Thursday, June 18, 2020 /02:55
PM / By FBNQuest Research / Header Image Credit: Investor Advocate
-12% average cut to earnings forecasts
Dangote Sugar Refinery's (DSR) recently published earnings came under pressure from an upswing in raw sugar prices in Q4 2019, and a weaker exchange rate in Q1 2020 due to lower crude oil prices. That said, the company recorded unit volume growth of 20% y/y and was able to implement price increases in Q1 thanks to the border closure. As such, Q1 sales in naira terms increased by 25% y/y to N47.6bn.
Still, gross margin contracted by -630bps y/y to 26.7% as the price increase was not large enough to make up for increased fx costs. The other notable squeeze on Q1 earnings came from an fx loss of -N1.3bn grouped under interest expense. Although we see DSR dealing with the COVID-19 disruptions better than peers on the back of its price pass-through ability, the prolonged gridlock situation in Apapa as well as the poor state of road infrastructure pose key barriers to growth. We also do not expect additional inflationary pressures over coming quarters to be fully passed on via price increases given the strain on consumer wallets.
We have therefore cut our gross margin forecast by for 2020-22E by an average of 198bps. This, along with other changes translate to an average EPS cut of around -12% for 2020-22E and consequently, a -15% reduction to our price target to N14.0. Our upward revision in equity risk premium by 150bps to 7.5% also contributed to the price target reduction. DSR shares are currently trading on a 2020E P/E multiple of 9.3x for an average EPS growth of 22% in 2020-22E. Year-to-date, bullish sentiments have fueled a 7% rally in DSR shares; they have outperformed the broad market index by 14%. Our new price target implies a potential downside of -5% from current levels. We therefore retain our Neutral rating on the stock.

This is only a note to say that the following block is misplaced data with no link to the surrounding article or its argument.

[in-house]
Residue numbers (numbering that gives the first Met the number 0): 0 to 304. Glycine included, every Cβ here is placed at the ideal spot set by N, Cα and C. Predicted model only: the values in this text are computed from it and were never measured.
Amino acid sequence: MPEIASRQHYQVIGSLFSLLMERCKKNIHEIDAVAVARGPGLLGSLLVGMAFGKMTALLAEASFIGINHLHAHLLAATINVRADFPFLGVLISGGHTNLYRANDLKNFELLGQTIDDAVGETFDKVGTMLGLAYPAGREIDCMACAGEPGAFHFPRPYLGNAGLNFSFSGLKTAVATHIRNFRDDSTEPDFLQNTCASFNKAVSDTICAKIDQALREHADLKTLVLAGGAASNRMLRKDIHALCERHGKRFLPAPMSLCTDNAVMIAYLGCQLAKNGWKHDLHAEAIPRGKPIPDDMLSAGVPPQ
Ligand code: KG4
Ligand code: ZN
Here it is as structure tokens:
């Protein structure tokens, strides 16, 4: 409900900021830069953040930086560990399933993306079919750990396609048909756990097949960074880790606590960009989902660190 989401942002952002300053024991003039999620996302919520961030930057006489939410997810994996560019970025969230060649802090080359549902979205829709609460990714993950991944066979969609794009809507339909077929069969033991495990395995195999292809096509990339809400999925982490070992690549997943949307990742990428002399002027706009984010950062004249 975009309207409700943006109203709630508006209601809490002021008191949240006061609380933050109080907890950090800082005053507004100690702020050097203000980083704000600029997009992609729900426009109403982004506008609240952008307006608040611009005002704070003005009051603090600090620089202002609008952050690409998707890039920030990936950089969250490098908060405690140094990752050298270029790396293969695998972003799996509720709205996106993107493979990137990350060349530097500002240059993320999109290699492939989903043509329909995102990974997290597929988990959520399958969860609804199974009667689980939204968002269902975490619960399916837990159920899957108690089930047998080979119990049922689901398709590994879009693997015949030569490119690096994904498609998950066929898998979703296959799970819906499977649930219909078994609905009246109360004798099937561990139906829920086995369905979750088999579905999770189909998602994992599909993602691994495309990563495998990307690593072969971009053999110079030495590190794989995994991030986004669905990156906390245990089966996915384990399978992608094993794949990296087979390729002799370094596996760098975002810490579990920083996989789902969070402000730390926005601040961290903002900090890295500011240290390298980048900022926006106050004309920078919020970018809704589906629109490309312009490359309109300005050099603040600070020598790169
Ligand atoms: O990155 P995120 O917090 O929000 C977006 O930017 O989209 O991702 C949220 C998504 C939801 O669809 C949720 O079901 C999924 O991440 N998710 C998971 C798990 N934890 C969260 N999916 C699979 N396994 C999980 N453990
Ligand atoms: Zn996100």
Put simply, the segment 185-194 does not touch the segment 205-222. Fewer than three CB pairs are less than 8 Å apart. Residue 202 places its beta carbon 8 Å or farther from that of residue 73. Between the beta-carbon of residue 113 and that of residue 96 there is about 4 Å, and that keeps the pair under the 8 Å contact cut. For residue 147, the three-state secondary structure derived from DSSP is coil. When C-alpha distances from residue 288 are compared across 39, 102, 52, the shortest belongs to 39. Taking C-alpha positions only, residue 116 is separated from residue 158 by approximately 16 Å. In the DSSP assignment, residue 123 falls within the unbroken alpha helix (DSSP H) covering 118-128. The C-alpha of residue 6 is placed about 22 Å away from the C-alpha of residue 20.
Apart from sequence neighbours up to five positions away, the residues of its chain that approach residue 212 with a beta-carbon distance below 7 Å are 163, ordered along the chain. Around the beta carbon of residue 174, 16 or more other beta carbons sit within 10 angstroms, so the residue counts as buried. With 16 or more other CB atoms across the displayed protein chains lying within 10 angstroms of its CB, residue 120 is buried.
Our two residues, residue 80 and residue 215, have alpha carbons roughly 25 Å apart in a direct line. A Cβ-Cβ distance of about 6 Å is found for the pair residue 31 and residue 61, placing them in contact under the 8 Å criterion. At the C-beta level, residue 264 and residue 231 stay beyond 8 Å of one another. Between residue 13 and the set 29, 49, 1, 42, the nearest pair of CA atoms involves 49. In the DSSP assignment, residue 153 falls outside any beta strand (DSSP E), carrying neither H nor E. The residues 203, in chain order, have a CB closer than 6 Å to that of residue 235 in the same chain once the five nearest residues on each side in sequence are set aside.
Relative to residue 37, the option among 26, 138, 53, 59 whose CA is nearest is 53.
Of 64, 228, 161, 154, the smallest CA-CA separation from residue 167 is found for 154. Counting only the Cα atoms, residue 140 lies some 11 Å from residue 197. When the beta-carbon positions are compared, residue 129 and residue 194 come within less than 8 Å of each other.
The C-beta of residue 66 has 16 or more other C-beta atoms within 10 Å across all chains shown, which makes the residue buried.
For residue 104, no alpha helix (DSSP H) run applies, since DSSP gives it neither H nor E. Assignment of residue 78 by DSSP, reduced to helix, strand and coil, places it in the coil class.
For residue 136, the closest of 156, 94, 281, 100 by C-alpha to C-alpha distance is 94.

Q1 PBT down by low-double digits y/y
The 25% y/y growth in Q1 sales was wiped off by a -630bp contraction in gross margin. Earnings were also pressured by a 14% y/y and 30x y/y increase in net interest expense to N2.0bn and -N1.3bn respectively, with the latter's increase caused by the fx loss.
Consequently, PBT was down -11% y/y to N9.5bn. Sequentially, sales plunged by -60% q/q whereas gross margin expanded by 199bps q/q. Opex decreased by -69% q/q but net interest expense was 14x higher q/q. As such, PBT was -59% lower q/q. Relative to our forecasts, PBT missed by -10%, largely due to a negative surprise in net interest expense (3x higher than forecast).